Compiled from
class Prompt extends java.lang.Object 
    /* ACC_SUPER bit set */
    private native getLine (Ljava/lang/String;)Ljava/lang/String;
    public static main ([Ljava/lang/String;)V
    <init> ()V
    static <clinit> ()V

The "-s" flag informs javap to output signatures rather than normal Java types. The "-p" flag instructs javap to include private members.

Calling Java Methods Using Method IDs

When you invoke a method in the JNI, you pass the method ID to the actual method invocation function. Obtaining a method ID is a relatively expensive operation. Because you obtain the method ID separately from the method invocation, you need only perform this operation once. Thus, it is possible to first obtain the method ID one time and then use the method ID many times at later points to invoke the same method.

It is important to keep in mind that a method ID is valid only for as long as the class from which it is derived is not unloaded. Once the class is unloaded, the method ID becomes invalid. As a result, if you want to cache the method ID, be sure to keep a live reference to the Java class from which the method ID is derived. As long as the reference to the Java class (the jclass value) exists, the native code keeps a live reference to the class. The section Local and Global References explains how to keep a live reference even after the native method returns and the jclass value goes out of scope.

Passing Arguments to Java Methods

The JNI provides several ways to pass arguments to a Java method. Most often, you pass the arguments following the method ID. There are also two variations of method invocation functions that take arguments in an alternative format. For example, the CallVoidMethodV function receives all its arguments in one va_list type argument. A va_list type is a special C type that allows a C function to accept a variable number of arguments. The CallVoidMethodA function expects the arguments in an array of jvalue union types. The array of jvalue union types are as follows:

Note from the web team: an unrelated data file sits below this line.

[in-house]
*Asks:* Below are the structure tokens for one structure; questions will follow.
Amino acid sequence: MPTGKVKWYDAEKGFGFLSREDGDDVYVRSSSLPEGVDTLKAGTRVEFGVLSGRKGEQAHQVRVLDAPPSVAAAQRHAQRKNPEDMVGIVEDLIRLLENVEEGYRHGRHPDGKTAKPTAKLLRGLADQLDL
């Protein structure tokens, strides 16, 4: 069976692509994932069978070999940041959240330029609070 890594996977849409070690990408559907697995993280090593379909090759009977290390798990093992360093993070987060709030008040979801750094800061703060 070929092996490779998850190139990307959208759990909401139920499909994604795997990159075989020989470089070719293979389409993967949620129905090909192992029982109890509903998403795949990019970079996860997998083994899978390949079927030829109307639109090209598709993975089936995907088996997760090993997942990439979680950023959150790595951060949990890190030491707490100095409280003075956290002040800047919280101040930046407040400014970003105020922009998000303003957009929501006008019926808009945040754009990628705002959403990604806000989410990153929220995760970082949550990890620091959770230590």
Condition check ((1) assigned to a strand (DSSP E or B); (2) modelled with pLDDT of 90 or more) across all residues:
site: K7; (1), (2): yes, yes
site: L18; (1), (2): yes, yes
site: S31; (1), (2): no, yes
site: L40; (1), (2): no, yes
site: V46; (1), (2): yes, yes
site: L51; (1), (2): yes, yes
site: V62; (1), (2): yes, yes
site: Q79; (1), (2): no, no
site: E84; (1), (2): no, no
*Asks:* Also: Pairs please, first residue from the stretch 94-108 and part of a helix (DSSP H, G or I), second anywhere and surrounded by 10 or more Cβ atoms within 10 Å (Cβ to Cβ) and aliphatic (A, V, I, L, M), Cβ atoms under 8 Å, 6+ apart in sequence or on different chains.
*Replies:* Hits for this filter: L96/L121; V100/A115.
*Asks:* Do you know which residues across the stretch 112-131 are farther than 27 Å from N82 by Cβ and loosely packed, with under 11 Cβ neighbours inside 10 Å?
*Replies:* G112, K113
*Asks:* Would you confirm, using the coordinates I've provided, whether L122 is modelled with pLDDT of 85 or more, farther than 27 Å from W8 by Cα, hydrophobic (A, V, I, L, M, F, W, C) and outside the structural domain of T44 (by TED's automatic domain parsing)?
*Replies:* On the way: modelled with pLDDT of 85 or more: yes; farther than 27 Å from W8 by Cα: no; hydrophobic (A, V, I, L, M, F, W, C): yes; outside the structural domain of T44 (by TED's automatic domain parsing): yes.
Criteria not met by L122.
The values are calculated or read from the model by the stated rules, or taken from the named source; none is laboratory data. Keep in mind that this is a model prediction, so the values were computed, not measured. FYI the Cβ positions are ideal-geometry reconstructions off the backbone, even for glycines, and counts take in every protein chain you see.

typedef union jvalue {
    jboolean z;
    jbyte    b;
    jchar    c;
    jshort   s;
    jint     i;
    jlong    j;
    jfloat   f;
    jdouble  d;
    jobject  l;
} jvalue;

In addition to the CallVoidMethod function, the JNI also supports instance method invocation functions with other return types, such as CallBooleanMethod, CallIntMethod, and so on. The return type of the method invocation function must match with the type of the Java method you wish to invoke.

Calling Class Methods

You can call a Java class method from your native code in a similar manner to calling an instance method. Call a class method by following these steps: If you compare instance method invocation functions to class method invocation functions, you will notice that instance method invocation functions receive the object, rather than the class, as the second argument following the JNIEnv argument. For example, suppose we add a incDepth class method into
    static int incDepth(int depth) {return depth + 1};
We can call this class method incDepth from Java_Callback_nativeMethod using the following JNI functions:
Java_Callbacks_nativeMethod(JNIEnv *env, jobject obj, jint depth)
    jclass cls = (*env)->GetObjectClass(env, obj);
    jmethodID mid = (*env)->GetStaticMethodID(env, cls, "incDepth", "(I)I");
    if (mid == 0) {
    depth = (*env)->CallStaticIntMethod(env, cls, mid, depth);

Calling Instance Methods of a Superclass

You can call instance methods defined in a superclass that have been overridden in the class to which the object belongs. The JNI provides a set of CallNonvirtual<type>Method functions for this purpose. To call instance methods from the superclass that defined them, you do the following: It is rare that you will need to invoke the instance methods of a superclass. This facility is similar to calling a superclass method, such as f, in Java using the following construct: